As a species, we like to think we make rational decisions. More likely is that we pick comforting mental images and demand them from the world, then invent backward rationalizations for our actions and their unintended consequences.
Whenever you’re on a project and things go wrong for you, it makes sense to stop what you’re doing and re-trace your steps.
As part of that, you’re going to eventually question the assumptions you made in approaching the project.
With the demise of the 20th century, we saw some of the roughest times for humanity fade away — except they’re still here.
The last 100 years has been a time of the most radical change since humanity’s inception, for us. We’ve had some great heights (air travel, space flight, DNA, digital computing) and also some great lows (two world wars, genocides, dumbing down of culture).
Although the signs are still faint, there’s evidence that our future may run into trouble. Particularly, there’s the troubling convergence of these factors:
Some uninformed people will tell you that “slippery slope” arguments, or the idea that letting one thing slide leads to more things sliding, are a logical fallacy. To my mind it’s more accurate to say that slippery slope arguments are often misapplied.
One area they’re not is increase. When laws requiring us to wear seatbelts were passed, we were told they were not going to be used as an excuse to pull over motorists and profit by ticketing them. Can anyone claim that’s the case anymore?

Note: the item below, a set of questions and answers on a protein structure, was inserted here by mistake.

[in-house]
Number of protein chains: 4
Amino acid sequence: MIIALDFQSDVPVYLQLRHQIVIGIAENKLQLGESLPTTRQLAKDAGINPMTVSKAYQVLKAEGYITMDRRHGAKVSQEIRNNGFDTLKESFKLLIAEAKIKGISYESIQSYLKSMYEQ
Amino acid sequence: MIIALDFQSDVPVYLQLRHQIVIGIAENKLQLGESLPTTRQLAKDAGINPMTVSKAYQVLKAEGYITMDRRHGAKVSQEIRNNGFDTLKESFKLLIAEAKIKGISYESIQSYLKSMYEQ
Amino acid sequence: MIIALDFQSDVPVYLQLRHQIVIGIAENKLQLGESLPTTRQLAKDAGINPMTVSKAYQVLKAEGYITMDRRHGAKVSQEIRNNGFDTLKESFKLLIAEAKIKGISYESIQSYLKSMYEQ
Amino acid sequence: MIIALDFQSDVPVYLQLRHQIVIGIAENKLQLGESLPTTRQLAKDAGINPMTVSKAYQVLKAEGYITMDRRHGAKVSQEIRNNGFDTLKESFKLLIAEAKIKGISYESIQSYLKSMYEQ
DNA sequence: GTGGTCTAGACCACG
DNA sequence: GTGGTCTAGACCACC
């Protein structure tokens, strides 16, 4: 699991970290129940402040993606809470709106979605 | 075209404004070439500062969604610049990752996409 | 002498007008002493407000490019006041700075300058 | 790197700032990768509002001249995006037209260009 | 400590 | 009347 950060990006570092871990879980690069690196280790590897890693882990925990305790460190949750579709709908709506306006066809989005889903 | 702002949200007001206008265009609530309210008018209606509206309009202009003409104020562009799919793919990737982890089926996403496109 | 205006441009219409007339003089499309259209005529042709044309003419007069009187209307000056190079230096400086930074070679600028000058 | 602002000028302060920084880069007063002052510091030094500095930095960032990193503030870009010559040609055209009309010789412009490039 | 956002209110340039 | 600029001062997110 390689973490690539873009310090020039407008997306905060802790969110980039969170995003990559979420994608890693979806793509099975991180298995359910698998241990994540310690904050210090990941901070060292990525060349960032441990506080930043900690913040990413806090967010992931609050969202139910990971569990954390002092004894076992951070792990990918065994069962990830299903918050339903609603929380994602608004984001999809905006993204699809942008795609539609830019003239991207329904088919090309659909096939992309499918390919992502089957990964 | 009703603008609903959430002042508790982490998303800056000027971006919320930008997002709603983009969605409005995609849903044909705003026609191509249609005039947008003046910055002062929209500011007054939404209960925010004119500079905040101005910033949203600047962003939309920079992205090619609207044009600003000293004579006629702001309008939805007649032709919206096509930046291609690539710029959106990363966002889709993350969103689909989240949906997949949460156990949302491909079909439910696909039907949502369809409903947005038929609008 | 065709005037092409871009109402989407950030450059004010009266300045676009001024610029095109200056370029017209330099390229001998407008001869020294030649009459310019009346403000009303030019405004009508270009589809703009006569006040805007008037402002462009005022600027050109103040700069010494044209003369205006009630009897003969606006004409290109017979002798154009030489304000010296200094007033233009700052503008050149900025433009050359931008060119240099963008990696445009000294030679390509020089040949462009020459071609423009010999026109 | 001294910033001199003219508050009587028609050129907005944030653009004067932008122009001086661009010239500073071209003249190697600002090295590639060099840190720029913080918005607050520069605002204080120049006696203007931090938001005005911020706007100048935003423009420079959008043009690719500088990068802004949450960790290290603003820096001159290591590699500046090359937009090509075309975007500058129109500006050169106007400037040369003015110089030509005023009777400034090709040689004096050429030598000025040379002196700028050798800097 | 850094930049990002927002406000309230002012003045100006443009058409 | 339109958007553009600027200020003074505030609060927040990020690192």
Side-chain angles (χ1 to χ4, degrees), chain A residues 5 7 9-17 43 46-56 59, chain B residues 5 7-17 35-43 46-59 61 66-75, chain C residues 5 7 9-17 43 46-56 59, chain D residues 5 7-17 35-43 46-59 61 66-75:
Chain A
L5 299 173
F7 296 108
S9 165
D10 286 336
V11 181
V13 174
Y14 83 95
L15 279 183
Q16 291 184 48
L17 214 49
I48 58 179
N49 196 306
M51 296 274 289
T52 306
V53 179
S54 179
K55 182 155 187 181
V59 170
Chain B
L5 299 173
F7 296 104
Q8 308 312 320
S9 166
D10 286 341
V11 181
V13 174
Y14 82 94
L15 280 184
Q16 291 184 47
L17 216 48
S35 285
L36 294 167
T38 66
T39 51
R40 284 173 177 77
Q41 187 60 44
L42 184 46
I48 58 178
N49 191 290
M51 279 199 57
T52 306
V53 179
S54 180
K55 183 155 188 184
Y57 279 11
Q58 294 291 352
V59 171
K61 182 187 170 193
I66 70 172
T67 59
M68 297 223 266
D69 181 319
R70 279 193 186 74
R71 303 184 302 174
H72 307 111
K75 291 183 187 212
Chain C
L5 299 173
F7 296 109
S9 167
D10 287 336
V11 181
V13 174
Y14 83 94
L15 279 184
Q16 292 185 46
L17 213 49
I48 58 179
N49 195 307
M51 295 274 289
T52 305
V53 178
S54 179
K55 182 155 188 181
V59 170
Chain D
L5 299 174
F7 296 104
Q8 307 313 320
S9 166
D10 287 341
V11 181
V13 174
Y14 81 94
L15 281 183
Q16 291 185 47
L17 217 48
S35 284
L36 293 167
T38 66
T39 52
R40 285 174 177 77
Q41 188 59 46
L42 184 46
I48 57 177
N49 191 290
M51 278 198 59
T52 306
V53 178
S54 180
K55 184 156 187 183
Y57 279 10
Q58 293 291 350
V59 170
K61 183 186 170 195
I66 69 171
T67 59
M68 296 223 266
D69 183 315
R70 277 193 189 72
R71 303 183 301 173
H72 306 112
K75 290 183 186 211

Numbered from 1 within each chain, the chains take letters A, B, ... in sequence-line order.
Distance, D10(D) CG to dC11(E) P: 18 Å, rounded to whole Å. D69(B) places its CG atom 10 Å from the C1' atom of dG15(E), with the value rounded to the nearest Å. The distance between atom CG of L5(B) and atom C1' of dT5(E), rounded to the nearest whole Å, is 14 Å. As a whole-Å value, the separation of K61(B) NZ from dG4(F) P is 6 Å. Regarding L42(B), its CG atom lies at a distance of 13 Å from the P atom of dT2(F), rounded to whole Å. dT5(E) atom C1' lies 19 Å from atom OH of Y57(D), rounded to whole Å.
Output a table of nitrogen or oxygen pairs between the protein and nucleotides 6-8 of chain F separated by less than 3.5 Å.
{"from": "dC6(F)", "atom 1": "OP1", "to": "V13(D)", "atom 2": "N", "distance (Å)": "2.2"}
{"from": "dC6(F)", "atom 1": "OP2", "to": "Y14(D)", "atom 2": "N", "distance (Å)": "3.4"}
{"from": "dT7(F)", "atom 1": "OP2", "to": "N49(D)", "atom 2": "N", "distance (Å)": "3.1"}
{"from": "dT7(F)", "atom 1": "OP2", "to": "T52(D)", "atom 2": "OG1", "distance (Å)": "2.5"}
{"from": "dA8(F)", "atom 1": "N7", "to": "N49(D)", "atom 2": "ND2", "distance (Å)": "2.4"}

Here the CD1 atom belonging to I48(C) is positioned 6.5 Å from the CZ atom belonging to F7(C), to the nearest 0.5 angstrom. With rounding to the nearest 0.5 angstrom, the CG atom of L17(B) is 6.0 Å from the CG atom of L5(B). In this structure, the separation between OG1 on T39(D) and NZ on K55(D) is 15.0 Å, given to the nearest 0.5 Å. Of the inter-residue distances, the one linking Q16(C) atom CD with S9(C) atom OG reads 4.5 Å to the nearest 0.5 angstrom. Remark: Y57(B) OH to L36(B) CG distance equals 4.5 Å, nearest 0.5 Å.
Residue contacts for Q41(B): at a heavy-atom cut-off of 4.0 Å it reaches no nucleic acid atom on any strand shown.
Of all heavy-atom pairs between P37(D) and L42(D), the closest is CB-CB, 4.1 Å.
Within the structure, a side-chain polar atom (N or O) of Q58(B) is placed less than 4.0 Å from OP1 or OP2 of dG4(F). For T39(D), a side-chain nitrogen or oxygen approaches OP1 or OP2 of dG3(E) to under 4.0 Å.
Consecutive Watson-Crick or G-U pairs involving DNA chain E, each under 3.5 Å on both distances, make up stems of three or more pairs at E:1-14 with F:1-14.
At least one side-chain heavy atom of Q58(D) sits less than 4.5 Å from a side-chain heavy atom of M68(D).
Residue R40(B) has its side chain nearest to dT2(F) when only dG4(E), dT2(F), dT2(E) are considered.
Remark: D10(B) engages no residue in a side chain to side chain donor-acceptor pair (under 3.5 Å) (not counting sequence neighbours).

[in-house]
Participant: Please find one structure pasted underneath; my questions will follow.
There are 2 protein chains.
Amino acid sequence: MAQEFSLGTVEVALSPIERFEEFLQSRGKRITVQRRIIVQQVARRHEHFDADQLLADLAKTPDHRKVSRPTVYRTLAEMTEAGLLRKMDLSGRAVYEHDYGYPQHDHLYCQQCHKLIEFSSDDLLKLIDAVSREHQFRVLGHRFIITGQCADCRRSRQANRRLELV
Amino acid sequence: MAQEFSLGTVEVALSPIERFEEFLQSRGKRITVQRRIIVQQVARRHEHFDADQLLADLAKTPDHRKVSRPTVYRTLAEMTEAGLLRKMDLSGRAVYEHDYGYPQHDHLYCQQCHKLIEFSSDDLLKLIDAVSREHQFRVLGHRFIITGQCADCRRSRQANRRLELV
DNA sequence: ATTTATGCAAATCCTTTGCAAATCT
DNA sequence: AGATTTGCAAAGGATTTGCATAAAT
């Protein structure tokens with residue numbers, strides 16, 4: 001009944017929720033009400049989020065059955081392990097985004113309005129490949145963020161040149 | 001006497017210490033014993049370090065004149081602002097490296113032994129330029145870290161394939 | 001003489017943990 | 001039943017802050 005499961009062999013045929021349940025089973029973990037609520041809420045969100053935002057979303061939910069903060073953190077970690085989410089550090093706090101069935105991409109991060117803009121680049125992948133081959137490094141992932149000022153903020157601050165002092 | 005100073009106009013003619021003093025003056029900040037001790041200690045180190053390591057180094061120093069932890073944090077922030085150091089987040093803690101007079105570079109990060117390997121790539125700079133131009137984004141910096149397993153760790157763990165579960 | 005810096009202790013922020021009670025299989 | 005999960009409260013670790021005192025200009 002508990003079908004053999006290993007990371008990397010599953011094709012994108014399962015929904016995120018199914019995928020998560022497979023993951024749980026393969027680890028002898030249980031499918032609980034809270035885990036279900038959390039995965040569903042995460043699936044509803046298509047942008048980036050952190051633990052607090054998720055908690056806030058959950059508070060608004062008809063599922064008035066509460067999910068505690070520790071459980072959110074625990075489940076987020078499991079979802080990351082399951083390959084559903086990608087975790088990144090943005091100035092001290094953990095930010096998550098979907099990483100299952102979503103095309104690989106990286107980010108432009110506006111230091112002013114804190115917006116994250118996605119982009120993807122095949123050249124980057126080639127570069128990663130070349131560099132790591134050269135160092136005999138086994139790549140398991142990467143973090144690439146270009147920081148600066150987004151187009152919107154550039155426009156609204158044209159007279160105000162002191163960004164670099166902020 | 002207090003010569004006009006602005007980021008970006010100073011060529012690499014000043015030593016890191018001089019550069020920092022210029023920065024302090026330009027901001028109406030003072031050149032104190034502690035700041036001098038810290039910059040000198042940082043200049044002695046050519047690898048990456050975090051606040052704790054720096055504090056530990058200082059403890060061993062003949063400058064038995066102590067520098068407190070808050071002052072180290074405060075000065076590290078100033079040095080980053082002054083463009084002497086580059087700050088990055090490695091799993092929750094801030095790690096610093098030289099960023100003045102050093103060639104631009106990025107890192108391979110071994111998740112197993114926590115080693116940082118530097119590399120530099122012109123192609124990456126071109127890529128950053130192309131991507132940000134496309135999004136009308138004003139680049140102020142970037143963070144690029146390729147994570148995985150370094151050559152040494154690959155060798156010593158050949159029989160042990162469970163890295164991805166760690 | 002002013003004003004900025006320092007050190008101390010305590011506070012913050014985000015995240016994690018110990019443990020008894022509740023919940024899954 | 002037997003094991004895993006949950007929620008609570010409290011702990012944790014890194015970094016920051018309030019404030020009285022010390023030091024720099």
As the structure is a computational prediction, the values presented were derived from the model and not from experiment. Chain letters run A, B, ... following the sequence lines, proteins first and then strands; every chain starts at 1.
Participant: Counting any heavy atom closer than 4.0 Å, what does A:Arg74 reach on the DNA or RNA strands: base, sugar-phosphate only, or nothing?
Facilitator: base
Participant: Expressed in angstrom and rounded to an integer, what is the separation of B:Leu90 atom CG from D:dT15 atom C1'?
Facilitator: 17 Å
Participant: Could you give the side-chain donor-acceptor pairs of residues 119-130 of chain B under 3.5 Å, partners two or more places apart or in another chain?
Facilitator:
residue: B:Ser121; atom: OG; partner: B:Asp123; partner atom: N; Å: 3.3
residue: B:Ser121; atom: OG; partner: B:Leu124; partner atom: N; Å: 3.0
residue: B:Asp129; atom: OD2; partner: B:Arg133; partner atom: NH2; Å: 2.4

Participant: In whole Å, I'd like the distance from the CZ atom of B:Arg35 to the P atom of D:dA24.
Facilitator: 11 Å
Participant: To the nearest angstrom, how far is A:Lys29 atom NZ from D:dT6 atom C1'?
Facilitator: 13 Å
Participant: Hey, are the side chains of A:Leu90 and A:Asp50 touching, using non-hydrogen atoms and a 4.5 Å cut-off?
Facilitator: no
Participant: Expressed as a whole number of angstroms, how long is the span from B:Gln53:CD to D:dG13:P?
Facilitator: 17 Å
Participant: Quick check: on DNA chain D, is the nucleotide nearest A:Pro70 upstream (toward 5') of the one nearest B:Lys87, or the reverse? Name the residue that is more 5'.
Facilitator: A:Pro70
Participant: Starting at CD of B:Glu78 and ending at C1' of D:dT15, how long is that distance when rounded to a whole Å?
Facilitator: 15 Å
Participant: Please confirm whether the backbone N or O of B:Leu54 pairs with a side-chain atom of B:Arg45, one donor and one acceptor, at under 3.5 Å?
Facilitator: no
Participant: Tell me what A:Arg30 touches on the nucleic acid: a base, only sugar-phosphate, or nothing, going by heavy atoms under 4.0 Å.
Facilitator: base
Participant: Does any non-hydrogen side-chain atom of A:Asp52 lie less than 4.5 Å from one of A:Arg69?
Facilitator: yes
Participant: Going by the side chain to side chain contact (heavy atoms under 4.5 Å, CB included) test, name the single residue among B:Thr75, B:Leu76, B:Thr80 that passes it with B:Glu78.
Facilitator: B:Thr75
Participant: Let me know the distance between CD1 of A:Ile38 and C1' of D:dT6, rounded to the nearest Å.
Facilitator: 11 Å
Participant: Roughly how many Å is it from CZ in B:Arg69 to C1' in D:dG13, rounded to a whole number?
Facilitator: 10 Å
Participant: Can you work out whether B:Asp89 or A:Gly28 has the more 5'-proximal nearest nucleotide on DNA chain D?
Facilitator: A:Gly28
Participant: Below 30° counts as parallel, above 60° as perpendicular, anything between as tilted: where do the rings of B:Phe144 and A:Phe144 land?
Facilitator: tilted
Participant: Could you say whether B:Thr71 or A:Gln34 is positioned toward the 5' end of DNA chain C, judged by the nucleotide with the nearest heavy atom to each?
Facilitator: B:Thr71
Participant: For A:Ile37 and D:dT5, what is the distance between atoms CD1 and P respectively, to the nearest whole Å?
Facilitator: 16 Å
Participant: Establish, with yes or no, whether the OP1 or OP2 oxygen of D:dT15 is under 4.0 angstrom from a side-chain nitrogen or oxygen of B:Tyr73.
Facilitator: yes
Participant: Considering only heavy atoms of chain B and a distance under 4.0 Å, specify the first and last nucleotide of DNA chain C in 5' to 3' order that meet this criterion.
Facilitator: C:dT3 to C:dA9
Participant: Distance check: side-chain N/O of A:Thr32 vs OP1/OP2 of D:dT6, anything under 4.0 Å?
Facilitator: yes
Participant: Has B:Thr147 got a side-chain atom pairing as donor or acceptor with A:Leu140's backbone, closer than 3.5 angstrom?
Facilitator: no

Our population increases. Our economies increase. Each time we legalize some oddity, for example medical marijuana, the onrush of people forces the policy to expand even more. Soon we’re on that slippery slope.
This blog exists to question an important myth, which is that we are rational as a species. We are not — mainly because it’s unclear if we’re (a) in charge of ourselves, in any meaningful sense and (b) actually intending the results of our actions.
To an informed observer, it seems more likely that we are reacting to changes in our reality, and striking back against it monkey-style with assertions of what we’d like to believe. Then to make ourselves sound competent, we invent as many rational reasons (“justification,” “rationalization”) as we can — thinking backward from effect to cause.
I’m going to tackle a series of our big myths, starting in this post with the myth of our rationality itself. But you can look forward to me tackling:
Let the blood of sacred cows renew the grass beneath our feet which, we are surprised to find, exists independent of our conscious minds.